Parenteral nutrition, often called total parenteral nutrition, is the medical term for infusing a specialized form of food through a vein (intravenously). The goal of the treatment is to correct or prevent malnutrition.
Parenteral nutrition provides liquid nutrients, including carbohydrates, proteins, fats, vitamins, minerals and electrolytes. Some people use parenteral nutrition to supplement feeding through a tube placed into the stomach or small bowel (enteral nutrition), and others use it by itself. People whose digestive systems either can’t absorb or can’t tolerate adequate food eaten by mouth use parenteral nutrition. When used outside the hospital, intravenous feeding is called home parenteral nutrition. Using home parenteral nutrition may be necessary for weeks or months, or in some cases for life.
Cancer of the digestive tract may cause an obstruction of the bowels, preventing adequate food intake. Cancer treatment, such as chemotherapy, may cause your body to poorly absorb nutrients.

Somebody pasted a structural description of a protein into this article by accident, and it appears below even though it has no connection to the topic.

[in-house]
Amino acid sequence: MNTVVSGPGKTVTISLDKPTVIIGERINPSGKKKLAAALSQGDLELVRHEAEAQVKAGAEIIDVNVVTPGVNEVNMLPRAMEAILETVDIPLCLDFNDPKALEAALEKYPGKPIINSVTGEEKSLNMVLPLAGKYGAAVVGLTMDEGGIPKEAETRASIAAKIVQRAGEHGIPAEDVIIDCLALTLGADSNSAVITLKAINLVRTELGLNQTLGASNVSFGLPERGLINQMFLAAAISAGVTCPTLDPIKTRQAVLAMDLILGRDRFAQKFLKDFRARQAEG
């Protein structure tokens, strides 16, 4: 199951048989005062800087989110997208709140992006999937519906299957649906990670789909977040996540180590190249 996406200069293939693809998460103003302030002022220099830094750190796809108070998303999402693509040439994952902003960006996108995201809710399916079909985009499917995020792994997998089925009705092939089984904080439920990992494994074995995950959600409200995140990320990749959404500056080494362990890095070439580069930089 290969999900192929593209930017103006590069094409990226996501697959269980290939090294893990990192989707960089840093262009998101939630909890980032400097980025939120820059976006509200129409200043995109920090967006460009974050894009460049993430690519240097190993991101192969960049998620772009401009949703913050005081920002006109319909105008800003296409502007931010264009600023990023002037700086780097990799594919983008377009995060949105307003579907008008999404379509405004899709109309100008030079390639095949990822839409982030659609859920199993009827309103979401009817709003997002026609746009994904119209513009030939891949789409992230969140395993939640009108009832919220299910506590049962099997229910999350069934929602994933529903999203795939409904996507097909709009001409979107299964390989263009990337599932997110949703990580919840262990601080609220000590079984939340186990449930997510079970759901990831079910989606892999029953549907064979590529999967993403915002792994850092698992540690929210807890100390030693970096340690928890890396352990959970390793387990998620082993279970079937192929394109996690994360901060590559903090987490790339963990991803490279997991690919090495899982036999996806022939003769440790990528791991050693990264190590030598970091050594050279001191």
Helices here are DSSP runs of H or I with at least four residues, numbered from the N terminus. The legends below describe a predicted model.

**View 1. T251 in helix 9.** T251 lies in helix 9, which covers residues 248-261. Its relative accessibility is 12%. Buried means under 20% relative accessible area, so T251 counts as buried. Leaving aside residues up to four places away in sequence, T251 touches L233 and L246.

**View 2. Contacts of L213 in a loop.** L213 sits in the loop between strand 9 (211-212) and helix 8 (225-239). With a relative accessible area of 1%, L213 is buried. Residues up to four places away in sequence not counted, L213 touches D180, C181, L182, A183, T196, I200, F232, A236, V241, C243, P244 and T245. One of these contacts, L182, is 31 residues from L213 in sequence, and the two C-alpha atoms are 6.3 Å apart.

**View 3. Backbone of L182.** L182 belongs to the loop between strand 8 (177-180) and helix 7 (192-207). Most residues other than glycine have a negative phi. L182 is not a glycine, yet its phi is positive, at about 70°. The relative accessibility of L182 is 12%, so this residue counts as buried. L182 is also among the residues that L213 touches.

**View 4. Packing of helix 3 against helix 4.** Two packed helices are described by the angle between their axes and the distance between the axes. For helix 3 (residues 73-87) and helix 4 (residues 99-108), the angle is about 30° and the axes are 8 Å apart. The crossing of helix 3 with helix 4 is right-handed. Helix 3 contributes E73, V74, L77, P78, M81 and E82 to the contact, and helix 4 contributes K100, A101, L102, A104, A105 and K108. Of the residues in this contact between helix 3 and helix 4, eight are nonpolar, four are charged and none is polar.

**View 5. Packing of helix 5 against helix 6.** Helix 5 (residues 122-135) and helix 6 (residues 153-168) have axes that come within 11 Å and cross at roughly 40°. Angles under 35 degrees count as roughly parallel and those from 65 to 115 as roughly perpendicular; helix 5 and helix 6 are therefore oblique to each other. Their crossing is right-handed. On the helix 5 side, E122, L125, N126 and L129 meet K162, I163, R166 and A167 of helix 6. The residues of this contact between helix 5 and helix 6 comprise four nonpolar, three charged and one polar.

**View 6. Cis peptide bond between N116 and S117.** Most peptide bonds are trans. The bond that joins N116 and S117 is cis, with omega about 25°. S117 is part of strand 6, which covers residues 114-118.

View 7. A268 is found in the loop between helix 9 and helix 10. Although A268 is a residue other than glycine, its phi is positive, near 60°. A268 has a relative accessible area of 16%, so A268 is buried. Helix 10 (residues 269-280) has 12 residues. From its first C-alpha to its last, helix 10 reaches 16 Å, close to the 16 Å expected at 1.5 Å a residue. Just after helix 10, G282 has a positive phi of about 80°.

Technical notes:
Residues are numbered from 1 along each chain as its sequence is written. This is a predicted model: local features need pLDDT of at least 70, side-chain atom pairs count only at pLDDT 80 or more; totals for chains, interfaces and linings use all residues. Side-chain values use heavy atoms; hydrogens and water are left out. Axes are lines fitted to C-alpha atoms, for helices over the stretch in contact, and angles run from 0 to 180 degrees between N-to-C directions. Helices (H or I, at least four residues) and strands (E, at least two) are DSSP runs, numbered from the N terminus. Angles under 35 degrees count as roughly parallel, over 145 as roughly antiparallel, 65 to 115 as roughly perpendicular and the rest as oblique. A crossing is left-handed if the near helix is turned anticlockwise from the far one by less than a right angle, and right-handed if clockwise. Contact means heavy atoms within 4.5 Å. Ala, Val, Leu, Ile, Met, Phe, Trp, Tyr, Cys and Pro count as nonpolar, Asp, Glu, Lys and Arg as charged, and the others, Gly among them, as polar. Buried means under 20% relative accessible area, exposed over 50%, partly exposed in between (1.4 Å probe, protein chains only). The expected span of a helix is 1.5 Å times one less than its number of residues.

- Crohn’s disease.
Crohn’s disease is an inflammatory disease of the bowel that may cause pain, bowel narrowing and other symptoms that affect food intake and its digestion and absorption.
- Short bowel syndrome.
In this condition, which can be present at birth or occur as the result of surgery that has removed a significant amount of small intestine, you don’t have enough bowel to absorb enough of the nutrients you eat.
- Ischemic bowel disease.
This may cause difficulties resulting from reduced blood flow to the bowel.
- Abnormal bowel function.
This causes food you eat to have trouble moving through your intestines, resulting in a variety of symptoms that prevent enough food intake. Abnormal bowel function can occur due to surgical adhesion or abnormalities in bowel motility. These may be caused by radiation enteritis, neurological disorders and many other conditions.